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Politics

Seven billion reasons for Honda, Toyota and Nissan to love Trump

Corporate tax cuts and fixed-asset write-offs to deliver bumper profits

You're welcome. President Donald Trump waves as he arrives to deliver his first State of the Union address on Capitol Hill in Washington on Jan. 31.   © Reuters

TOKYO -- This is our new American moment, U.S. President Donald Trump said in his first State of the Union address on Tuesday. "We slashed the business tax rate from 35% all the way down to 21%, so American companies can compete and win against anyone in the world."

Yet, it is not only American companies that will reap the benefits. The new U.S. tax code that Trump signed into law in January is likely to affect Japanese companies' earnings and business strategies.

For Toyota Motor, this should mean a 290 billion yen ($2.64 billion) increase in net profit, according to a compilation by Takaki Nakanishi, CEO of the Nakanishi Research Institute. Nakanishi also expects the corporate tax cut to add 320 billion yen to Honda Motor's net profit and 200 billion yen to Nissan Motor's.

There is another side to the big tax code change. It will reduce deferred tax liabilities, which will end up boosting future tax burdens for Japanese companies that do business in the U.S.

U.S. corporate tax rates -- federal plus state -- are now at about 26%, down from nearly 40%.

The United States just gift-wrapped billions of dollars worth of increased profits for Toyota, Honda and Nissan. This Toyota vehicle was part of a sales event in Cerritos, California.   © Reuters

But the new tax code has another bargain for automakers, who have seen their deferred tax liabilities swell due to U.S. investment promotion policies.

Businesses have been allowed to depreciate up to 50% of the acquisition costs of fixed assets in the first fiscal year. This has allowed businesses to defer tax payments and, essentially, to recoup the money they had invested.

In the U.S., it is customary for both businesses and individuals to lease new cars rather than outright buy them, although automakers count these deals as sales. This has allowed Japanese automakers to boost sales in the U.S. while writing off, in advance, fixed asset expenses, such as those on leased vehicles.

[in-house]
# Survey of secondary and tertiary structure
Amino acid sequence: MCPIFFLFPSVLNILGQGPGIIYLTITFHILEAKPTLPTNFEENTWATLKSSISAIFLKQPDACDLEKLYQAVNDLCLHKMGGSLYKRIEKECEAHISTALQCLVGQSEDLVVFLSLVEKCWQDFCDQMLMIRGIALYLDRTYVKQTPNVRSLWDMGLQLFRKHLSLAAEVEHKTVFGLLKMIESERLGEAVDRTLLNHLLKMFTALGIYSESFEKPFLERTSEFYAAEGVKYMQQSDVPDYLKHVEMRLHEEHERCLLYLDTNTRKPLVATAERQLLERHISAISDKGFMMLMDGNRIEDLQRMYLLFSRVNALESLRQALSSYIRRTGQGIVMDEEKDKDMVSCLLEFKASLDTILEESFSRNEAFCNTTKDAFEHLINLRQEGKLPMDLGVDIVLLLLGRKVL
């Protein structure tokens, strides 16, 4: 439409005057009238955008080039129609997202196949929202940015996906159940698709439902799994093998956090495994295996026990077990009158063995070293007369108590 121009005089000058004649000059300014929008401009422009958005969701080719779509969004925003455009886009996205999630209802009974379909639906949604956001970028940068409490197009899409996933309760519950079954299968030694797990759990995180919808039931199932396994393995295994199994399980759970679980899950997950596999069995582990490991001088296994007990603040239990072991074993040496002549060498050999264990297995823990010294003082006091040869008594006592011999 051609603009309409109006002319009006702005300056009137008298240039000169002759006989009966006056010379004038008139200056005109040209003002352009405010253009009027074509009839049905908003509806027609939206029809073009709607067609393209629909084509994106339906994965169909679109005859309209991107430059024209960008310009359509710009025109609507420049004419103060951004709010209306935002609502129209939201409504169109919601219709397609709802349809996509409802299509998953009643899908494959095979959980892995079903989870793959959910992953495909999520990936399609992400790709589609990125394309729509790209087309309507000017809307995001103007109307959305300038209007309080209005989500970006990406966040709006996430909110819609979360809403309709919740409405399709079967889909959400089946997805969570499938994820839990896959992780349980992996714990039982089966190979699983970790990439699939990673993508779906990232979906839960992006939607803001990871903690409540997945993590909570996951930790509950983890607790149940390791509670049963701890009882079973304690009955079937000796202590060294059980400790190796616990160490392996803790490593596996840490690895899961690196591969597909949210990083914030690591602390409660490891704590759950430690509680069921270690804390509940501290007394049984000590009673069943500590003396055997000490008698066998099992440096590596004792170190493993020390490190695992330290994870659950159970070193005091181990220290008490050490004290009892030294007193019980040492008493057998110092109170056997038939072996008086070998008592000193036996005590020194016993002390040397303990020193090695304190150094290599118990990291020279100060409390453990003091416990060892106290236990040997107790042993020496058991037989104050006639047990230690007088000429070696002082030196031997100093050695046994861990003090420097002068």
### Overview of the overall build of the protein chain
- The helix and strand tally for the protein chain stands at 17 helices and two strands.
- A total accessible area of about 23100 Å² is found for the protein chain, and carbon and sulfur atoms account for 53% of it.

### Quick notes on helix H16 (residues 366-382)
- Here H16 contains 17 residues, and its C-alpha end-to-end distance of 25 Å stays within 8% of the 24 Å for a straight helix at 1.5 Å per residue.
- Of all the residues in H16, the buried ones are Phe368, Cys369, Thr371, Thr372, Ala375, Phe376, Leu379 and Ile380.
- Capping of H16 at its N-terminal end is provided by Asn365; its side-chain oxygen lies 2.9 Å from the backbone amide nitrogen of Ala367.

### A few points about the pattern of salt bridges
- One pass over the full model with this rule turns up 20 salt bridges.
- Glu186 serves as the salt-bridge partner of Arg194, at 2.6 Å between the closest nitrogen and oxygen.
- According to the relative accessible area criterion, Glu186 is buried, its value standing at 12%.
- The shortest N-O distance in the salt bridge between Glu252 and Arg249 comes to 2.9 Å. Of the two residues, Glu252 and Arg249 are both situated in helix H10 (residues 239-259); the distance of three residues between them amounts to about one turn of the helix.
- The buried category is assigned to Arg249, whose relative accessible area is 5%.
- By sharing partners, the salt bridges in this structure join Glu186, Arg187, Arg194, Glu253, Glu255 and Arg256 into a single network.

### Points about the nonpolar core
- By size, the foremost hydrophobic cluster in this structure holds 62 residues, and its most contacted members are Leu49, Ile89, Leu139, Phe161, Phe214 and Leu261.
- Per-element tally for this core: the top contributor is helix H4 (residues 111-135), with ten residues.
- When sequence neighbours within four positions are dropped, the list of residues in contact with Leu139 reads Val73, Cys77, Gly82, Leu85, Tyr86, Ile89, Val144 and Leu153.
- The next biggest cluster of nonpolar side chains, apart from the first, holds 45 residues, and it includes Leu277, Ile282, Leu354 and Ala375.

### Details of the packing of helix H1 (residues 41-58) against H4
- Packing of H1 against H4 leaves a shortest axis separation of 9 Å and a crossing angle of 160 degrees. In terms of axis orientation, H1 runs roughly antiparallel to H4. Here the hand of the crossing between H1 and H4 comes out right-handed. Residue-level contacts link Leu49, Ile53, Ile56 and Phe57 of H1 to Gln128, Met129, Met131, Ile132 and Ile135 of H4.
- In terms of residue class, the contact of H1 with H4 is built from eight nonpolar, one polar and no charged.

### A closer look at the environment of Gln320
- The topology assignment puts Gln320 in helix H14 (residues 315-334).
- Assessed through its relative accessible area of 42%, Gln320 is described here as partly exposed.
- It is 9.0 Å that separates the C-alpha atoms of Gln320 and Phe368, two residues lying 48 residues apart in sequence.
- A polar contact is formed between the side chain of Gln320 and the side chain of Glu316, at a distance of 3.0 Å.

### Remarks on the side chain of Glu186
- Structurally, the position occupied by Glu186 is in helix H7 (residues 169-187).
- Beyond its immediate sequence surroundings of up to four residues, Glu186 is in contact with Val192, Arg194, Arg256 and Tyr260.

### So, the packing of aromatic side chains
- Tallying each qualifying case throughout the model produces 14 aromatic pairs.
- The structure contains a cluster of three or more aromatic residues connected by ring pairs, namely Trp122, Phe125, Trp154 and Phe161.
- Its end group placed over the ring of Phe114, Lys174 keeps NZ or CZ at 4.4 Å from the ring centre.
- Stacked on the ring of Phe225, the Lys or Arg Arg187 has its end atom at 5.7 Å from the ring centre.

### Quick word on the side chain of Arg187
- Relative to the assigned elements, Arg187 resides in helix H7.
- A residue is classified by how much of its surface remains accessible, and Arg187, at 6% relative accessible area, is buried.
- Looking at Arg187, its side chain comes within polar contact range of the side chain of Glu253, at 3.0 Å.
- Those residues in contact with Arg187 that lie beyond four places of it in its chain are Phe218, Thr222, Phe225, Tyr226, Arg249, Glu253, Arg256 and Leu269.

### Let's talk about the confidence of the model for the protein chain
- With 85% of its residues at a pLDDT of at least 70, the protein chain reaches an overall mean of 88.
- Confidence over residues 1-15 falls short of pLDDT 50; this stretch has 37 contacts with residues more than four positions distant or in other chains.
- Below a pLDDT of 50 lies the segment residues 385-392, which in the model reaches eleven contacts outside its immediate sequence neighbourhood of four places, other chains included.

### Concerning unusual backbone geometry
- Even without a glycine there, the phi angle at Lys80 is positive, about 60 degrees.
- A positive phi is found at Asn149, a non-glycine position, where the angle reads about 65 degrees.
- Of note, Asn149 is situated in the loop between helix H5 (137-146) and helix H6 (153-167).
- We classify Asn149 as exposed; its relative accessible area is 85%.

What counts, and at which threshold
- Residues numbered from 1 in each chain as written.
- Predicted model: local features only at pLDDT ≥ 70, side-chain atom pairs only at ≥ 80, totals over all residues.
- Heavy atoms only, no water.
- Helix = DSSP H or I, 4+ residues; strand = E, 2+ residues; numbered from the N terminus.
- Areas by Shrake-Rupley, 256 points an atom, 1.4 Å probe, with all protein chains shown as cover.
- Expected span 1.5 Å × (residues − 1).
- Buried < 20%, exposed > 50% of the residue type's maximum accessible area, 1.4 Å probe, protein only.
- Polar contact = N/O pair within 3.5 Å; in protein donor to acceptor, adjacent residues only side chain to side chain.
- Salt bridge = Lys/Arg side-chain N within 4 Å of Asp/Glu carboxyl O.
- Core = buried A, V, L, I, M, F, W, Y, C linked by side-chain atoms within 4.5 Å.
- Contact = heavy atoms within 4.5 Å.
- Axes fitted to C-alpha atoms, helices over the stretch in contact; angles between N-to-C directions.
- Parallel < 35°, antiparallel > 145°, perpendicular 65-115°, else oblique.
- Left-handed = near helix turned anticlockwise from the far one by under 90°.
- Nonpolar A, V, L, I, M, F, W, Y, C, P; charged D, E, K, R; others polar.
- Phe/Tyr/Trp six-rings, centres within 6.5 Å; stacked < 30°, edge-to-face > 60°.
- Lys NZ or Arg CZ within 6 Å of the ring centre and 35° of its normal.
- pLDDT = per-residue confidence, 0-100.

In this case, deferred tax liabilities are recorded on balance sheets using something called tax effect accounting. As of the end of June, Toyota Motor Credit, Toyota's U.S. finance subsidiary, held deferred tax liabilities worth $8.1 billion.

The big U.S. corporate tax cut is also likely to affect Japanese companies with huge U.S. operations, such as SoftBank Group and Shin-Etsu Chemical. Sprint, SoftBank's telco subsidiary in the U.S., held deferred tax liabilities of $14.7 billion at the end of September. Now by virtue of the big tax cut, its profit is expected to swell by about 500 billion yen.

Meanwhile, tax cuts will negatively affect some Japanese companies that paid taxes in advance and posted deferred tax assets. Late last month, Japanese ink maker DIC lowered its net profit forecast for 2017 by 6 billion yen for this reason.

Nakanishi stresses that the new tax code will have no impact on pretax profit, as the reversal of deferred tax liabilities and assets does not entail moving funds around and thus does not affect the profitability of companies' core business lines. In the medium term, Japanese companies will come under pressure to make the best use of their U.S. units.

The new code also includes changes that could affect Japanese companies' business strategies.

It enhances investment promotion policies, for example. For the next five years, businesses can immediately expense the full cost of fixed assets, excluding land and buildings. A significantly lowered tax burden in the initial phase of investment will make capital investments and acquisitions in the U.S. easier.

And if manufacturing jobs return to the U.S., Japanese plant-related companies would likely get more orders.

How cross-border group transactions are taxed will also change. Royalty and interest payments by U.S. units to overseas subsidiaries will be seen as tax avoidance and punitively taxed under certain conditions. Pharmaceuticals, whose business models are based on intellectual property rights, are expected to take necessary measures.

Financial institutions that lend money raised in Japan to their U.S. units, which then manage the funds, could also be taxed, according to a representative of PwC Consulting.

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